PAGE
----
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USA The First Punjabi Public School


1947-2014 (Archived)
Jun 17, 2004
by Anju Kaur

Sikh children in Sacramento, California, will have an opportunity beginning this fall to attend the first Punjabi-language school in the United States.

The Sacramento Valley Charter School, a Punjabi non-profit group, received authorization from the Washington Unified School District Board of Education on June 9 to form the school.

“We’re providing a resource where kids feel good, pampered by their own community,” said Narinder Singh Dhaliwal, chairman of the school’s board of directors.

According to the California Charter School Association, a charter school is a public school created by a group of parents, teachers or community leaders who petition a local school board for a charter, or contract, to open an independent school in their community.

“At the kindergarten level, during this time, (we can do a) better our job to provide a safe learning environment by letting the child develop in a smaller environment,” Narinder Singh said. Kids perform better when they are in a familiar environment, he told the education board during the petition hearing.

“(Our) kids go through difficulties being different,” he told SikhNN. “Here they can learn in a familiar environment and learn how to handle bullies. Public schools don’t focus on social aspects. We can do better.”

Success also is a factor.

“We can’t leave a 5-year-old in a (public school) system that allows only 20 percent to be successful,” he added. “College is tough. Fifty percent of students who are very proficient will do well in college.”

According to the Census Bureau, men make less than $60,000 per year, on average. And women make about $45,000.

“Only one percent of earners will make over $100,000,” he said. Is this the dream we have? Only 20 percent chance to make $100,000?

The alternative is private schools. But there is a heavy cost associated with that option.

According to the charter school association, public charter schools offer a public school option to address the challenges facing traditional education systems. In this case, the challenge is the language barrier of children of Punjabi-speaking parents.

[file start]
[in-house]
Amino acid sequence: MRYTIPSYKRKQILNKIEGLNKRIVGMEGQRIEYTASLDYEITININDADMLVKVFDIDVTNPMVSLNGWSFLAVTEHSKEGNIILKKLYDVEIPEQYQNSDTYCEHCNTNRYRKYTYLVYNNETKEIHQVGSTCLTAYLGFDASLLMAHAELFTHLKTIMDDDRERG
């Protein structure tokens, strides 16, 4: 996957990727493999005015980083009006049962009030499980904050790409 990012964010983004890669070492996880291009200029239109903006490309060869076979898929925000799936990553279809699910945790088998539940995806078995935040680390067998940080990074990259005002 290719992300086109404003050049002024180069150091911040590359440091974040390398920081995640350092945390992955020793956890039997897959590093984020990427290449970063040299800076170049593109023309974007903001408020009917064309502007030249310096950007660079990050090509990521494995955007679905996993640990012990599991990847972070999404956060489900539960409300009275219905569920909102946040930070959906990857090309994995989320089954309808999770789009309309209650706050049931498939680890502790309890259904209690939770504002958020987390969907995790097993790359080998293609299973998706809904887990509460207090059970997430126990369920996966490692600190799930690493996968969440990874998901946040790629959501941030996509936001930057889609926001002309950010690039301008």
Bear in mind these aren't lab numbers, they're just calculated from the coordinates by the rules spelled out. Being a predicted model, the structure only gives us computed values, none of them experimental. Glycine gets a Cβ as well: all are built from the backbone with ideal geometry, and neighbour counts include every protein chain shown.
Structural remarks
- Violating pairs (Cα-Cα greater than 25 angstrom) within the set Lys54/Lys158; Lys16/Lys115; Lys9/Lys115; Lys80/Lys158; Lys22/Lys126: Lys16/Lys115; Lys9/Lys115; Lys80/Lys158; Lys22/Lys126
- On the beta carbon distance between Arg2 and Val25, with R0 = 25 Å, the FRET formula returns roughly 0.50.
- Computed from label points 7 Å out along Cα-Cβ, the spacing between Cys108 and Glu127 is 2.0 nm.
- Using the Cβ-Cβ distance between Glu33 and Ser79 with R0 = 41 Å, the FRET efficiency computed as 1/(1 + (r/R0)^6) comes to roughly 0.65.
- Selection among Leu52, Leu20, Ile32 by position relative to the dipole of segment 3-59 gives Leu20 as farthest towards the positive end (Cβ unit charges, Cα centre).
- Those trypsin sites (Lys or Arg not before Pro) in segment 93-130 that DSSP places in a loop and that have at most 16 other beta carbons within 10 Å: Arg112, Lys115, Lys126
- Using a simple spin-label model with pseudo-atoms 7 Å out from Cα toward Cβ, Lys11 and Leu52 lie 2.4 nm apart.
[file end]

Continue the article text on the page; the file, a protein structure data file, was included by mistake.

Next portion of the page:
This school is funded by public money. With a $500,000 budget, $300,000 will go to renovate the building and $200,000 will go toward operating expenses, Narinder Singh said. The school will also receive $5,000 per child, and is expected to have 120 students this school year.

“It’s not much,” he added. “Most will go to salary and rent.” Private sponsors will help make ends meet. And federal funding is expected in the future.

Located on the property adjacent to the Sacramento gurdwara, the old langar hall building is being gutted to construct a building for the new school. The school will rent the building from the gurdwara.

The school is open to all students form kindergarten to sixth grade. Seventh and eighth grades will be added in 2012 and 2013, respectively.

The school’s faculty is in the process of creating its own curriculum, which will be based on the public schools framework but with higher expectations from students, said Michael Ettner, the principal.

“We’ll have to make it fun and innovative,” he said. “This is a language acquisition school, the first that has Punjabi as a second language. We offer cultural emersion, embedded throughout curriculum, with a language component. (Credentialed teachers) will take the lead in creating activities and opportunities to interweave it throughout the curriculum.

“The hope is that we’ll draw from the local community a representative sampling of other ethnic groups,” he added. A small school with a safe environment and high standards will also appeal to non-Punjabis.

Students will be required to wear a uniform of blue pants and light blue shirt. Sikh students will have to wear a blue dastaar. No hats allowed.

All students will receive a free vegetarian lunch and free transportation to and from school. Every student will also receive a mentor, a young successful adult, to connect with and envision the future.


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